The election of Donald Trump for president of the United States is not just insane (as many liberals might say); painful (in Michelle Obama’s words); unpredictable (Nate Silver); desirable (Vladimir Putin); or threatening (China). It’s more — Trump is revenge against human ignorance, a boomerang that has returned to those who thought that his election would be like a Martian being elected president of the United States. And who on Earth would ever expect that a Slovenian immigrant would become a resident at 1600 Pennsylvania Avenue?

With Trump’s appearance on the national political scene, America is discovering a new genre of writing — Trumpology. Serious effort has been put into trying to figure out something that is virtually incomprehensible and undefinable.  Read more »

Science

Translating Artificial Intelligence

By Andrej Mrevlje |

It has been quite some time since I put most of my dictionaries aside. I have a huge collection of them. But these days, most of my printed dictionaries are gathering dust on bookshelves. As I write this post, only “Garner’s Modern American Usage” sits on my desk. It is a pleasant read and can hardly be called a dictionary.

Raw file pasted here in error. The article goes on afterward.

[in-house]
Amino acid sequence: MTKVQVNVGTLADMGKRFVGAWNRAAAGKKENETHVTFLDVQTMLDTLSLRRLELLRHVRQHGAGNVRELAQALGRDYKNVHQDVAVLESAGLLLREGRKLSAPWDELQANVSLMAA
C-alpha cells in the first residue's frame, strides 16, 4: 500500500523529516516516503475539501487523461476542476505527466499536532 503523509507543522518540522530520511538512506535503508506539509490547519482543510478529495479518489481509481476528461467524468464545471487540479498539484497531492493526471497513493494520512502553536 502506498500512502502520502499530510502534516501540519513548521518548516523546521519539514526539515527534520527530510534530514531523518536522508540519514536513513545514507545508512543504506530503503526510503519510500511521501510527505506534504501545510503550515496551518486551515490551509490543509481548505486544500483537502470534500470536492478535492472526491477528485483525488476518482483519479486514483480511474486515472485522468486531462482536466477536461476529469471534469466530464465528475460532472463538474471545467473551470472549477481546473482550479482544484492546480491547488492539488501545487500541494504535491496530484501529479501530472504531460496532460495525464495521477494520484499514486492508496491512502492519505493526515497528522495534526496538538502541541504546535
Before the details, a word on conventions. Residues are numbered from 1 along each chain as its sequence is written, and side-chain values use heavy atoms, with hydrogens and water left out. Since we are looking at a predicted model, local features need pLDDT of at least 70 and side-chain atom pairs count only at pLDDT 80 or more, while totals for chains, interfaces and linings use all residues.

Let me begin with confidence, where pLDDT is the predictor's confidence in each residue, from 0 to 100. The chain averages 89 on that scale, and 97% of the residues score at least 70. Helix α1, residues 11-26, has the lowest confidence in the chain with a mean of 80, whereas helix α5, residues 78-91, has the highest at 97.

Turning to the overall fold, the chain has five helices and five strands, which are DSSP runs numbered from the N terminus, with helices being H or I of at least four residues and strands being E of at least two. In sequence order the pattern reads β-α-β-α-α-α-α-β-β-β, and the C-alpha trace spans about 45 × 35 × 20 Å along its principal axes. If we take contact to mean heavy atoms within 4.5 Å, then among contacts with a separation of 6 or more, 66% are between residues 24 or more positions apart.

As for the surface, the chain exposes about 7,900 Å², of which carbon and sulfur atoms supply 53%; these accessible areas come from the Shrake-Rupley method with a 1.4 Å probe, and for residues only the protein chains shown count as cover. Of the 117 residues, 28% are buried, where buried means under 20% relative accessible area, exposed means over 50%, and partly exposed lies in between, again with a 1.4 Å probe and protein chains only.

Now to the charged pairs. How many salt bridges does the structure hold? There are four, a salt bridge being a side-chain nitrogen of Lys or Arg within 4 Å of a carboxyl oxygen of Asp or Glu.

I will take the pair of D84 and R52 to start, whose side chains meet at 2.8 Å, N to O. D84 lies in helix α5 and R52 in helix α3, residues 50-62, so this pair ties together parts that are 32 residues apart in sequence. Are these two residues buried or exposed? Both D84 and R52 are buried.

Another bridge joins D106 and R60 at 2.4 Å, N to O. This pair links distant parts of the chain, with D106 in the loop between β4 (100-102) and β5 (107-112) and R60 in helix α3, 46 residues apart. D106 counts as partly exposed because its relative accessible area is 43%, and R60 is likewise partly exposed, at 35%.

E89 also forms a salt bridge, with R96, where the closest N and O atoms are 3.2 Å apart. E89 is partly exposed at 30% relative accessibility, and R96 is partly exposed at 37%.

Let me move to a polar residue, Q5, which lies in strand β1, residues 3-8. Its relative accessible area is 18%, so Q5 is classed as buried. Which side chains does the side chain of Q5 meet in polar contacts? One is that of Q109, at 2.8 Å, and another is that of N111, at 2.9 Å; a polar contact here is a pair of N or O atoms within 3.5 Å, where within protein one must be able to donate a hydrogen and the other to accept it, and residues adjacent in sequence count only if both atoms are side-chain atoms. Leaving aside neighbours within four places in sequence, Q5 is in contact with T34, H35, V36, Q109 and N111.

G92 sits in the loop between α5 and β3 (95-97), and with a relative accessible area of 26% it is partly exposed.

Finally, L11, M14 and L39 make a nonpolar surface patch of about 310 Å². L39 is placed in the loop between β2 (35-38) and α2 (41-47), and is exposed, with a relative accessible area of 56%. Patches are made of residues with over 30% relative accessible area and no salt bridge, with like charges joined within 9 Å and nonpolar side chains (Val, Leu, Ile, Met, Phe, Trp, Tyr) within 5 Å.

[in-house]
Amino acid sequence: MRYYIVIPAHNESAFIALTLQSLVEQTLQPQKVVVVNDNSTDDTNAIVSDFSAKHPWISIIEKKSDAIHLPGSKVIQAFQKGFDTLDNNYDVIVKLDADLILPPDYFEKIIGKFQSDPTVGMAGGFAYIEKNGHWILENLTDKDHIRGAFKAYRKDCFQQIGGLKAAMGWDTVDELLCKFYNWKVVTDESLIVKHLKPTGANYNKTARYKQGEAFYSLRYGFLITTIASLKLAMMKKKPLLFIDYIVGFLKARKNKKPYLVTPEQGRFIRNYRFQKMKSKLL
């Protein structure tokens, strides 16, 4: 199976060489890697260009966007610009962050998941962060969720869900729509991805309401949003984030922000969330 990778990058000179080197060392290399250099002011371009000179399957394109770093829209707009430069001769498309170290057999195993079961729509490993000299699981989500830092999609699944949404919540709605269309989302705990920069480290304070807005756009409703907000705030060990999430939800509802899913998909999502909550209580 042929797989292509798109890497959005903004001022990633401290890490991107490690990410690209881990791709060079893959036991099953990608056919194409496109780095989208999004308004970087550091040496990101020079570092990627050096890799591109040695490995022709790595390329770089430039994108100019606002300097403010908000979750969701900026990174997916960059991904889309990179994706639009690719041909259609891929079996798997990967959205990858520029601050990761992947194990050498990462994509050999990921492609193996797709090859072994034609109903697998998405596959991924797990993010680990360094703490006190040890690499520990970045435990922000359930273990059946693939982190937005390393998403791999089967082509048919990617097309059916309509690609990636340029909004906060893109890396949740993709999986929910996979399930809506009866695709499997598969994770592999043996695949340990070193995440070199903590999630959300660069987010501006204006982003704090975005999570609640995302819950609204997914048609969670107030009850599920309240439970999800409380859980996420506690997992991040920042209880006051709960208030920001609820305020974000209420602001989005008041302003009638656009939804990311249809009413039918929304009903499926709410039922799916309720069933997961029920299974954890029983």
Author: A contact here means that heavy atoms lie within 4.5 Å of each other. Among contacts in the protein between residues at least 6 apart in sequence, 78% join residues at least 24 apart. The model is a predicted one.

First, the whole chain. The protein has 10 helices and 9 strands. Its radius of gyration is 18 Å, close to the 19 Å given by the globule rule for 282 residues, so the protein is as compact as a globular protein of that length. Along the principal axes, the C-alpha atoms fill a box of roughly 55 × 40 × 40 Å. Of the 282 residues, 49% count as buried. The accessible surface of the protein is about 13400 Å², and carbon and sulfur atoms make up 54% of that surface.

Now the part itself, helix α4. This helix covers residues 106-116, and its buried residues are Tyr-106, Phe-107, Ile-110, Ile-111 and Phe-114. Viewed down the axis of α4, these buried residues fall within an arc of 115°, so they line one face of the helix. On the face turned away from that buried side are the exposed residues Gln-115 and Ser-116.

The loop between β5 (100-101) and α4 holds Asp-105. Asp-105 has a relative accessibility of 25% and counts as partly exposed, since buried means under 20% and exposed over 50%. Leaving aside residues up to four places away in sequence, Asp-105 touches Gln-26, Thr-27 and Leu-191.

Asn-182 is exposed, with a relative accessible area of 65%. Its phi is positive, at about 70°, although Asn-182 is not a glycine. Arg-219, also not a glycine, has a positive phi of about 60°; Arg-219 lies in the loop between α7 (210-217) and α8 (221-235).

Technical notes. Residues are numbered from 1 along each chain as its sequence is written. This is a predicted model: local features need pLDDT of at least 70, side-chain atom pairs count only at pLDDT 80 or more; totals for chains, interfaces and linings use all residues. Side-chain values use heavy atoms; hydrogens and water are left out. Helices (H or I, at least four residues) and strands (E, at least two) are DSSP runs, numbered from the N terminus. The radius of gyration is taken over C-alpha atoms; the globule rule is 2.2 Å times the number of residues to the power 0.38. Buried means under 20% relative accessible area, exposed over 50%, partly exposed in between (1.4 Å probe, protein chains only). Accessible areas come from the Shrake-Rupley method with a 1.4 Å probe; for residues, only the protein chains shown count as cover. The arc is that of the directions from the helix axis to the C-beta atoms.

As we spent most of our time at computers, reading, taking notes or writing, we — or I, at least — rarely consult the heavy printed editions of the various dictionaries available. As pleasant as they might be to use, searching through printed dictionaries is time-consuming, and you only receive a short, matter-of-fact answer to your query. We have been using Google search and Google Translate as our main dictionary for years now. You just need to open another tab on your screen — or now even an app on your mobile device — and you dive into an ocean of meanings. I never — or very rarely — use Google Translate for entire sentences or whole paragraphs. I usually use it word-by-word, playing with it across various languages in order to grasp the meaning of the word I want to use when I read or write.

 Read more »

Russia

On Soviet Time

By Andrej Mrevlje |

It’s rare to find anything positive about Russia these days. But I found one story that I think is interesting, if for no other reason than because it’s about Russia’s industrial history and the transfer of technology without eliminating jobs or creating market friction. It’s a story about how, when the market crashed in 1929, the Soviets bought a bankrupt watch manufacturer from Ohio and transferred it to Russia, which was in its second decade of its socialist revolution. Back then, Russia had no history in watchmaking, but the country soon revolutionized the obsolete technology that they had bought from the United States. From loud tick-tock watches, Soviets started to make more sophisticated, silent, well-designed watches. Perhaps because they needed to measure the time until the Soviet Union reached communism? It never happened, and after they became the world’s best watchmakers for a couple of decades, the Swiss — who were already known for making the world’s best chocolate — started to make even better watches. And while the world’s best watches left, communism never arrived.